Russian Federation Military Policy in the Area of International Information Security: Regional Aspect

According to estimates by NATO experts, the most advanced world countries will be capable, as early as 2007 - 2010, of waging full-scale wars in the information sphere. Their main objectives will be to disorganize (disrupt) the functioning of the key enemy military, industrial and administrative facilities and systems, as well as to bring information-psychological pressure to bear on the adversary's military-political leadership, troops and population, something to be achieved primarily through the use of state-of-the-art information technologies and assets. Already now the U. S. is in possession of a ramified system aimed at preparing and pursuing psychological and technical information operations.1

The emerging situation cannot help being a matter of concern for the world community. Specifically, industrially advanced nations are introducing restrictions on the use of imported computer technologies that are suspected of possessing "undeclared capacities." National systems of political and regulatory legal documents concerned with information security are improved, and relevant bodies and systems are established. Among others, these steps have been undertaken by France, Germany, UK, China and Russia. But the threat of a large-scale information war is a trans-border and essentially global problem, and it is unrealistic to try to solve it within the framework of national security systems. Some international organizations have joined the effort.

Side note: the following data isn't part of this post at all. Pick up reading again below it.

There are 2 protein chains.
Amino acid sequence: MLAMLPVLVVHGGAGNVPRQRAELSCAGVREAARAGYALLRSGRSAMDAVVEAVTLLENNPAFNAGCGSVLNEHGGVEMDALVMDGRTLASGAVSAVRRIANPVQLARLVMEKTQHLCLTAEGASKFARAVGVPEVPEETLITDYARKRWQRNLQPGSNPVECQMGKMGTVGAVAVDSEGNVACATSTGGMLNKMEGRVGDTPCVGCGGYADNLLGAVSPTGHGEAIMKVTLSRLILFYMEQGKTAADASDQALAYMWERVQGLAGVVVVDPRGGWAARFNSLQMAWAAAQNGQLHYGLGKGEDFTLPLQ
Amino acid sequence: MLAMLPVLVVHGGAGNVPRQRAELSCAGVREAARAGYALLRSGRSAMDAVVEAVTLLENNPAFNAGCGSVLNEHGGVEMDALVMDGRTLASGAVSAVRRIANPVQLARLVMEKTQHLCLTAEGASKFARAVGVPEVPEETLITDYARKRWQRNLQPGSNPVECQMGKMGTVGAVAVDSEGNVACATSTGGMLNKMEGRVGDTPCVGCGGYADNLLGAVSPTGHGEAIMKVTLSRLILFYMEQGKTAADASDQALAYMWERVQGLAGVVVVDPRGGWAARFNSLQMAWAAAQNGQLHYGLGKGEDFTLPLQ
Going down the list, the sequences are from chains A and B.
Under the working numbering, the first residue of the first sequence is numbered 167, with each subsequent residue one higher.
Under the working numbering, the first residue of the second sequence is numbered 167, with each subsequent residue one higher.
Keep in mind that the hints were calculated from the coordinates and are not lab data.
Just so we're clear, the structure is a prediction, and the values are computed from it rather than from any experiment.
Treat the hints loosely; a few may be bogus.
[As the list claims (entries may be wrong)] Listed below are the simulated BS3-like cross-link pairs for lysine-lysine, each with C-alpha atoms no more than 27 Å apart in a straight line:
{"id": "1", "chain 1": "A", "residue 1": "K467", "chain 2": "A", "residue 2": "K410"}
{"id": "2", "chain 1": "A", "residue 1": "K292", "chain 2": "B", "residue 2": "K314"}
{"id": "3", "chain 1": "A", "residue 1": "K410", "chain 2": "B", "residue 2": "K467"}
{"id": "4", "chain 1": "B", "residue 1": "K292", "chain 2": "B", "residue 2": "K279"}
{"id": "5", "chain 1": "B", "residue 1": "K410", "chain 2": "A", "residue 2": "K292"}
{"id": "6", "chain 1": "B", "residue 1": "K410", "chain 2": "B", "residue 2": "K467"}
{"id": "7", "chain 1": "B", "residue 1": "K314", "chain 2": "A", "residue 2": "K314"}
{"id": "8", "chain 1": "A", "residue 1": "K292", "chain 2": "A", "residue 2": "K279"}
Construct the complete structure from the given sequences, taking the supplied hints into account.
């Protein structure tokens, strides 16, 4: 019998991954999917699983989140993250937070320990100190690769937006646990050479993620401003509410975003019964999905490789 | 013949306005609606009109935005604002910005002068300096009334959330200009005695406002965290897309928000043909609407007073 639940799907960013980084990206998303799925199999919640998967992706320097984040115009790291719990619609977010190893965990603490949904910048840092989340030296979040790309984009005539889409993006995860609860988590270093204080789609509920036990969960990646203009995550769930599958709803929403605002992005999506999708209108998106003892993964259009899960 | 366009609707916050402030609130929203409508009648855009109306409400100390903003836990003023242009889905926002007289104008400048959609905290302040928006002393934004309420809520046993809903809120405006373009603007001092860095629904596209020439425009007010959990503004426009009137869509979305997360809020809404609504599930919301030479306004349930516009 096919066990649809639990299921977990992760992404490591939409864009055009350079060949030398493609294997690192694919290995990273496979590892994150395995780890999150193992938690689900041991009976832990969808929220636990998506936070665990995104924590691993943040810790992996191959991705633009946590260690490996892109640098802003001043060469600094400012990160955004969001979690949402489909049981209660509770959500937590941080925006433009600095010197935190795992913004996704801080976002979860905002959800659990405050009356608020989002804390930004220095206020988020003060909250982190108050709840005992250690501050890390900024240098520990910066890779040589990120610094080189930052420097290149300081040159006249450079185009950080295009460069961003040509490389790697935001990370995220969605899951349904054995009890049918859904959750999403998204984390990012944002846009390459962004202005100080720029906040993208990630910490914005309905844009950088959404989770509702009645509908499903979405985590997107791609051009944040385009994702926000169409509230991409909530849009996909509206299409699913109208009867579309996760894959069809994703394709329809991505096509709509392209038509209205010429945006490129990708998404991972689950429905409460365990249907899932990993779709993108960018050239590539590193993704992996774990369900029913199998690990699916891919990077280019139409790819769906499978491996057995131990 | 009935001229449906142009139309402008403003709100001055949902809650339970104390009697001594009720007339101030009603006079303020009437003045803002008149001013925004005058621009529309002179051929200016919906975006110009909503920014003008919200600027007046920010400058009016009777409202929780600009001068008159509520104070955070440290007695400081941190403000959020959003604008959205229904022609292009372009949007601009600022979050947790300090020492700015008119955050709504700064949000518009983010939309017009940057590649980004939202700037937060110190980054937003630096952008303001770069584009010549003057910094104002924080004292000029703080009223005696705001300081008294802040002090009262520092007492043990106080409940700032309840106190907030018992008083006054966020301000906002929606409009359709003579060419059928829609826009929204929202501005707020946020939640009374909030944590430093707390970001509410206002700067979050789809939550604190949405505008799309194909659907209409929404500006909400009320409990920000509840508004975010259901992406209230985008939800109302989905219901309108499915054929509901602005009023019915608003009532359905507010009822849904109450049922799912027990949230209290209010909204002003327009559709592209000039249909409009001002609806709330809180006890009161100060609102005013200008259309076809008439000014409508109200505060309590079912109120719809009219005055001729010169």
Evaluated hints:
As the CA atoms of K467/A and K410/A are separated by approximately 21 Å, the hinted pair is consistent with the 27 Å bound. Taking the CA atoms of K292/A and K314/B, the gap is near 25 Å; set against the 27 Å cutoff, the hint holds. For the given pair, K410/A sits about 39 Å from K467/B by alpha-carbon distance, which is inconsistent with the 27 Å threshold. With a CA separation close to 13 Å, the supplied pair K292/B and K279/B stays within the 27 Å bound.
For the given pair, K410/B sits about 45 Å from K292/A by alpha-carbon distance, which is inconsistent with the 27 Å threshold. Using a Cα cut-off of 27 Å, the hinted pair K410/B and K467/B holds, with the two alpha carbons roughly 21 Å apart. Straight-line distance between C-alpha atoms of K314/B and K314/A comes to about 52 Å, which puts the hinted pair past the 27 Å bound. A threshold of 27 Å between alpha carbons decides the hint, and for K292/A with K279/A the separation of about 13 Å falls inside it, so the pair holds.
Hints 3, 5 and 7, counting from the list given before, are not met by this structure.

In 1998, the Russian Federation suggested to the United Nations that it was necessary to consolidate the world community's efforts in order to ensure international information security. Since then the General Assembly annually passes the resolution "Developments in the Field of Information and Telecommunications in the Context of International Security." This fact reaffirms the importance of assuring international information security and the UN readiness to study and solve the problem. But progress in this matter is extremely slow on account of counterproductive attitudes displayed by the United States. For example, this

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